[Ab] Resumo:Recently, studies in the United States and European countries have shown that the degree of attachment is associated with the attribution of emotions to companion animals. These studies imply that investigating the degree of attachment to companion animals is a good way for researchers to explore animal emotions and then improve animal welfare. Although a promising area of study, in Japan, no empirical studies have examined the correlation between the degree of attachment and the attribution of emotions to companion animals. In this research, we aimed to assess companion animal owners' attribution of six primary (anger, joy, sadness, disgust, fear and surprise) and four secondary (shame, jealousy, disappointment and compassion) emotions to their dogs and cats, as well as how the degree of attachment related to such attribution of emotions from a Japanese cultural perspective. The "Pet Bonding Scale" (PBS), which is used to determine the level of bonding between humans and animals, was introduced to measure respondents' degree of attachment to their companion animals. The results of a questionnaire (N = 546) distributed throughout Japan showed that respondents attributed a wide range of emotions to their animals. Companion animals' primary emotions, compared to secondary emotions, were more commonly attributed by their owners. The attribution of compassion and jealousy was reported at a high level (73.1% and 56.2%, respectively), which was surprising as compassion and jealousy are generally defined as secondary emotions. All participants were highly attached to their companion animals, and this attachment was positively associated with the attribution of emotions (9/10) to companion animals (all p < 0.05). This study is one of the first to investigate animal emotions by analyzing the bonding between companion animals and owners in Japan, and it can therefore provide knowledge to increase Japanese people's awareness of animal welfare.
[Mh] Termos MeSH primário: Vínculo Homem-Animal de Estimação
Gatos
Cães
Emoções
Percepção
Animais de Estimação
[Mh] Termos MeSH secundário: Animais
Gatos/psicologia
Cultura
Cães/psicologia
Feminino
Seres Humanos
Japão
Masculino
Meia-Idade
Animais de Estimação/psicologia
Inquéritos e Questionários
Teoria da Mente
[Pt] Tipo de publicação:JOURNAL ARTICLE
[Em] Mês de entrada:1802
[Cu] Atualização por classe:180205
[Lr] Data última revisão:
180205
[Sb] Subgrupo de revista:IM
[Da] Data de entrada para processamento:180106
[St] Status:MEDLINE
[do] DOI:10.1371/journal.pone.0190781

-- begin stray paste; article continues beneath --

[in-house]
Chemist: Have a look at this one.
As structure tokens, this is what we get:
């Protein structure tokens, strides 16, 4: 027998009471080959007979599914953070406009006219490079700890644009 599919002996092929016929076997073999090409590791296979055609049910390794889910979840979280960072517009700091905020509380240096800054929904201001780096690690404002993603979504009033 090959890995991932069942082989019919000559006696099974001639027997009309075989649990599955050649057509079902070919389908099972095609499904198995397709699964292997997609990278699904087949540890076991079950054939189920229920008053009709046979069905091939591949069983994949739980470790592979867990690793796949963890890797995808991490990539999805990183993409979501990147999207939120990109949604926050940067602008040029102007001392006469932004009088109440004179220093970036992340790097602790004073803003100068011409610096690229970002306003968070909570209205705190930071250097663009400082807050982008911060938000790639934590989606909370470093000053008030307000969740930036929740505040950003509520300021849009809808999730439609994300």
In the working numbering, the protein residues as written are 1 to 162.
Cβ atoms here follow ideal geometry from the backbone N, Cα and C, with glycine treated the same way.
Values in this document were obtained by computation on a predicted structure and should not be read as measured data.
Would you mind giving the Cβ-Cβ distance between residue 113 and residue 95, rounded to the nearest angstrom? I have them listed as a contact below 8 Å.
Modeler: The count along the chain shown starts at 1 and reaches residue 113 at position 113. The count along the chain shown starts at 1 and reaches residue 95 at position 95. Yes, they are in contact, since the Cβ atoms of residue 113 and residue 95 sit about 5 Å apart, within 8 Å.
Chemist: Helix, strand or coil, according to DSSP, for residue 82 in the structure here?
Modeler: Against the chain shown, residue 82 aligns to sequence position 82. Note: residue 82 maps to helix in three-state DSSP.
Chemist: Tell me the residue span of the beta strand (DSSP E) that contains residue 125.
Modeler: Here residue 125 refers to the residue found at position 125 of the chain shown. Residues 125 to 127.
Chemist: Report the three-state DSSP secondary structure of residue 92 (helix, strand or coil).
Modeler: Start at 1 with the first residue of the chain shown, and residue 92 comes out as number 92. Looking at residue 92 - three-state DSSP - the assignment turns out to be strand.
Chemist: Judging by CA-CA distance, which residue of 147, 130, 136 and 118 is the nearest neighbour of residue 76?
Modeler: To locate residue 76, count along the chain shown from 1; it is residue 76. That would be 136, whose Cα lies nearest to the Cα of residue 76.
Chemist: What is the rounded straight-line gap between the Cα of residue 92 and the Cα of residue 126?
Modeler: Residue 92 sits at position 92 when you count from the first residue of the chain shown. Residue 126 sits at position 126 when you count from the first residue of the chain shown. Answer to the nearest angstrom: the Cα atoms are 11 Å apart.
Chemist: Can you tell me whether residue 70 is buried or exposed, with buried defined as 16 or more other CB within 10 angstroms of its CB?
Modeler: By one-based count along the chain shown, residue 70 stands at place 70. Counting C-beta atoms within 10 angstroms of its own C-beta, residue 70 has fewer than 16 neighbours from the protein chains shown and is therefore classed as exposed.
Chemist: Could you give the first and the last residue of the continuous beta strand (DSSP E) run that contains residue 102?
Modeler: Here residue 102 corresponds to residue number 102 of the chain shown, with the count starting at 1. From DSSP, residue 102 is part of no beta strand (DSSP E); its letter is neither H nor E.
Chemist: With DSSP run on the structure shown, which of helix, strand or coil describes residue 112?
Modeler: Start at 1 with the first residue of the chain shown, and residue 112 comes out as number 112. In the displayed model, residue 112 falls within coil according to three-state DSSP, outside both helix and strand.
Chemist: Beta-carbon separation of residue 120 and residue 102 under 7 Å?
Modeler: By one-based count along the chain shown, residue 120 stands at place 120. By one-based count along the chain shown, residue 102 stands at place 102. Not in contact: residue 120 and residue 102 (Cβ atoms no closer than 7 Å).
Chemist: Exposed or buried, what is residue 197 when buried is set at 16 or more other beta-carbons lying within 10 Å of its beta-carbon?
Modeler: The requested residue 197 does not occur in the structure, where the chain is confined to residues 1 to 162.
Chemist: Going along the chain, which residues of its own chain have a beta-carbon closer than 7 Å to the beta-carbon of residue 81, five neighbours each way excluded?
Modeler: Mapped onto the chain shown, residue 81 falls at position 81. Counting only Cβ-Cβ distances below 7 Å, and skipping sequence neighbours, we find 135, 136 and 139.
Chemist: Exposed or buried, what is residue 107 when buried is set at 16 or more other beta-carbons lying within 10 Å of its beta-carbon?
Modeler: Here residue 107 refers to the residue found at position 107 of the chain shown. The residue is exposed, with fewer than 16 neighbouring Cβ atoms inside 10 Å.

4 / 1736 MEDLINE  
              first record previous record next record last record
seleciona
para imprimir
Fotocópia
Texto completo
[PMID]:28467121
[Au] Autor:Heuberger RA; Pierce J
[Ad] Endereço:a Department of Human Environmental Studies , Central Michigan University.
[Ti] Título:Companion-Animal Caregiver Knowledge, Attitudes, and Beliefs Regarding End-of-Life Care.
[So] Source:J Appl Anim Welf Sci;20(4):313-323, 2017 Oct-Dec.
[Is] ISSN:1532-7604
[Cp] País de publicação:England
[La] Idioma:eng
[Ab] Resumo:Although awareness of end-of-life care is growing within the veterinary field and there appears to be consumer demand for these services, it is unclear exactly what caregivers know about end-of-life options for their companion animals. Are companion-animal caregivers aware of the range of options for their nonhuman animals? What do they value most highly for their nonhuman animals at the end of life? Answers to these and other related questions about caregiver perceptions are important because what they know about end-of-life care and how they approach decision-making for their companion animals will shape the kind of care an animal receives. This article presents the results of a large survey exploring companion-animal caregivers' knowledge, attitudes, and beliefs about end-of-life care, including in-home euthanasia, hospice and palliative care, financial commitment to end-of-life care, insurance usage, and level of comfort in providing care (e.g., subcutaneous fluids) in the home.
[Mh] Termos MeSH primário: Cuidadores/psicologia
Conhecimentos, Atitudes e Prática em Saúde
Animais de Estimação
[Mh] Termos MeSH secundário: Animais
Tomada de Decisões
Assistência Terminal
[Pt] Tipo de publicação:JOURNAL ARTICLE
[Em] Mês de entrada:1802
[Cu] Atualização por classe:180205
[Lr] Data última revisão:
180205
[Sb] Subgrupo de revista:IM
[Da] Data de entrada para processamento:170504
[St] Status:MEDLINE
[do] DOI:10.1080/10888705.2017.1321483


  5 / 1736 MEDLINE  
              first record previous record next record last record
seleciona
para imprimir
Fotocópia
Texto completo
[PMID]:29228960
[Au] Autor:Jessen LR; Sørensen TM; Lilja ZL; Kristensen M; Hald T; Damborg P
[Ad] Endereço:Department of Veterinary Clinical Sciences, University of Copenhagen, Dyrlægevej 16, 1870, Frederiksberg C, Denmark. lrmj@sund.ku.dk.
[Ti] Título:Cross-sectional survey on the use and impact of the Danish national antibiotic use guidelines for companion animal practice.